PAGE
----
UPDATED:German sea mine caught in fishing boat net set to be detonated off the West coast of the Isle of Wight

updatedgerman sea mine caught in fishing boat net set to be detonated off the west coast of the isle of wight

A German sea mine discovered by a fishing vessel is set to be detonated off the Isle of Wight this afternoon (Saturday).

The mine was picked up by a fishing vessel off The Needles by The Cara Lee
As just after 8am this morning a fishing vessel reported to HM Coastguard that it had caught the 7-foot long piece of ordnance in its nets near the popular The Needles lighthouse.

Royal Navy Explosive Ordnance Disposal (EOD) team based at Portsmouth have been called and they are currently on the scene near to The Needles Lighthouse off the Isle of Wight.

The Needles Coastguard Rescue Team have been called to assist with public safety. A 2 mile exclusion zone has been put in place.

UK Coastguard Duty controller Piers Stanbury has said:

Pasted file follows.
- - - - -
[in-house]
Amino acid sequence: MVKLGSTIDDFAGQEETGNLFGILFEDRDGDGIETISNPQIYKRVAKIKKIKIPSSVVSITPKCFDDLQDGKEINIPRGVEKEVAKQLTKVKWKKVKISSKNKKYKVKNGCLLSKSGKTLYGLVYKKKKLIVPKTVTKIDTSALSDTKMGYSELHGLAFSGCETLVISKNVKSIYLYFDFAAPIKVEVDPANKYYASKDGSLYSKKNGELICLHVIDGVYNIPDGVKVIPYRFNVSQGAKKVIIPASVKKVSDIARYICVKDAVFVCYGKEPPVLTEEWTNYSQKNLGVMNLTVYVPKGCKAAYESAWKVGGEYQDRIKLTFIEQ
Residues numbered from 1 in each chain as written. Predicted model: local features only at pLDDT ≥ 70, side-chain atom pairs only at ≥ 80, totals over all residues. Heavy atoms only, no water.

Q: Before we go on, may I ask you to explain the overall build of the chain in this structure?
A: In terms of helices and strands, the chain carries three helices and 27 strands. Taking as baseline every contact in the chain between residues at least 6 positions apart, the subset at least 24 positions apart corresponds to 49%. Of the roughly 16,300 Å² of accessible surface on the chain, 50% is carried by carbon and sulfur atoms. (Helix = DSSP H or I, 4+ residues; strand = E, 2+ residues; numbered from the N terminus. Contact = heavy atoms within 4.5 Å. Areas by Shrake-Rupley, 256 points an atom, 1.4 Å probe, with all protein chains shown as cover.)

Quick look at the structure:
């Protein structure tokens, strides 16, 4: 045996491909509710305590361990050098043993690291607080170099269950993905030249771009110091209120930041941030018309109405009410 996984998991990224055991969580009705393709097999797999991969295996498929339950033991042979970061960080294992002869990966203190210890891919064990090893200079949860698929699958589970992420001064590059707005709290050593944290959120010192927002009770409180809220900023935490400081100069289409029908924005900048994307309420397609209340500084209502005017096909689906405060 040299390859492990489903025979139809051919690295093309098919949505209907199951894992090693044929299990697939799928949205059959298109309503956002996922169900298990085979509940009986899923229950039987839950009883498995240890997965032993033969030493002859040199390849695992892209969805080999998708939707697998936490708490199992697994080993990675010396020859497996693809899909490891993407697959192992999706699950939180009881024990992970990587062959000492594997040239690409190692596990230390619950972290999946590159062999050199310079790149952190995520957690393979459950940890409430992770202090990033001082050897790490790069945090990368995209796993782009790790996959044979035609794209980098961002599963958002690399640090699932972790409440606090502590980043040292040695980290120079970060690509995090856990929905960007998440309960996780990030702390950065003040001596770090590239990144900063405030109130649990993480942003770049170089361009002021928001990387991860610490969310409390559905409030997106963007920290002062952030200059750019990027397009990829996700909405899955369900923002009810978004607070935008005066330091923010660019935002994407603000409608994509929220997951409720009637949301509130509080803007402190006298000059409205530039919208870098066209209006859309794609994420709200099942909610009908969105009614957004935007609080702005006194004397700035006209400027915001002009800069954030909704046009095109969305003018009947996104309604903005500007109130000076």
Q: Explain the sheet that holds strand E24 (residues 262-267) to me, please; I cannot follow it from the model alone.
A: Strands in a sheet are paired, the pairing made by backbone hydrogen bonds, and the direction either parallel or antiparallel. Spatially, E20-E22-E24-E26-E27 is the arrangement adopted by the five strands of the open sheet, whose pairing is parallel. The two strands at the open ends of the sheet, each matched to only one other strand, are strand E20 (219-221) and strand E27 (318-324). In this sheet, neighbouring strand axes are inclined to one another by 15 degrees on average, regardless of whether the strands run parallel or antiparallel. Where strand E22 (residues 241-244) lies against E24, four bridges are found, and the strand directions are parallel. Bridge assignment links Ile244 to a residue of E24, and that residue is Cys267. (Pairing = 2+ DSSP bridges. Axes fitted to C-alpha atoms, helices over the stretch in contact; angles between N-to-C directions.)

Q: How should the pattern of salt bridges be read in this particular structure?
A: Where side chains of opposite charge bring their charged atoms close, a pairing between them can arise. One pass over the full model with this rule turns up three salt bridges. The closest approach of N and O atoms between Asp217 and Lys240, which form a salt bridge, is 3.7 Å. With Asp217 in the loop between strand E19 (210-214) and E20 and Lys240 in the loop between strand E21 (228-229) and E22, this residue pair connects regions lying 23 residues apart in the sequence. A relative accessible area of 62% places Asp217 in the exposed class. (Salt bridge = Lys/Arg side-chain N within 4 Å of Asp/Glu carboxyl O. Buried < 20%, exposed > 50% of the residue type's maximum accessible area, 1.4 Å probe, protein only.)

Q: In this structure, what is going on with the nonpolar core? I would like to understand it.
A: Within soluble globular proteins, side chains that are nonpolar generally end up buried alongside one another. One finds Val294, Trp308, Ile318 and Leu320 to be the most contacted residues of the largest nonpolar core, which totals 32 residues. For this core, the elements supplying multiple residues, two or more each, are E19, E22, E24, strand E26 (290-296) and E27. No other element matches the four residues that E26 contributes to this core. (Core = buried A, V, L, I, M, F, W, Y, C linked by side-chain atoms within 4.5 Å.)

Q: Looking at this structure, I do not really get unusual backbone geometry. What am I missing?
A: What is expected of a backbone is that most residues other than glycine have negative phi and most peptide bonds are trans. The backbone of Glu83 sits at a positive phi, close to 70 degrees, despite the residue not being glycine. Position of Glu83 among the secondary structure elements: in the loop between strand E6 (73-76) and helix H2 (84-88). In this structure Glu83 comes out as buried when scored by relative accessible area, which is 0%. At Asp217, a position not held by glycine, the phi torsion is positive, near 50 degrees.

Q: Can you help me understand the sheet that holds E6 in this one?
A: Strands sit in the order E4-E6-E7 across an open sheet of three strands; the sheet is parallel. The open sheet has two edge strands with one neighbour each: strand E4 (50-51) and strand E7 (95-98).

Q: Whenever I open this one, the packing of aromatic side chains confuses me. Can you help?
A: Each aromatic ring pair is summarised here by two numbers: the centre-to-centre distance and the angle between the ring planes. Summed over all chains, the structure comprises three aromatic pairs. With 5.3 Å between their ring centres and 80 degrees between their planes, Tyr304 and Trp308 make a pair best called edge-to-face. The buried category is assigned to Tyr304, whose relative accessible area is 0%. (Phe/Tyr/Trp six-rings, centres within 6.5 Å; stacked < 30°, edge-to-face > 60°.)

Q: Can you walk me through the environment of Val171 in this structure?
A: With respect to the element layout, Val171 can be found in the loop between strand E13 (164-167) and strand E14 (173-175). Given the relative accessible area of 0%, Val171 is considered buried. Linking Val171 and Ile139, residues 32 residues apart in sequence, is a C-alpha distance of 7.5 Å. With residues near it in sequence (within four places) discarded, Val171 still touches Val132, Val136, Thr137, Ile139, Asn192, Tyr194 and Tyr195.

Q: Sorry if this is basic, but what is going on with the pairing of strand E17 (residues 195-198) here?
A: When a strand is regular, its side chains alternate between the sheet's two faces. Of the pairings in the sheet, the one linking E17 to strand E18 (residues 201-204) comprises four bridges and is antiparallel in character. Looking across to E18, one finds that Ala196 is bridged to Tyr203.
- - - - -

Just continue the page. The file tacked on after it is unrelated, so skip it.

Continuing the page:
“From pictures and the information from the EOD, We understand that an old German wartime sea mine”. We have put in place exclusion zone and the detonation will take place between 3:30pm and 4:30pm this afternoon.

The UK coastguard has advised that the ordnance is back on the sea bed and EOD are to return at a later date.

This isn’t the first time the boat has been involved in the recovery of live ordnance. A controlled explosion had to carried out on a live parachute mine accidentally caught in the nets of a fishing boat.

The vessel Cara Lee reported the find to coastguard officers as it approached Weymouth Bay in Dorset in 2013

Experts from the Explosives Ordnance Disposal Unit attended the scene and safely lowered it onto the seabed.

Parachute mines were intended to be dropped on land targets by aircraft. They were heavily used by German Luftwaffe bombers and initially Royal Navy Bomber Command in World War.

Despite attempts to make the mine safe today efforts failed.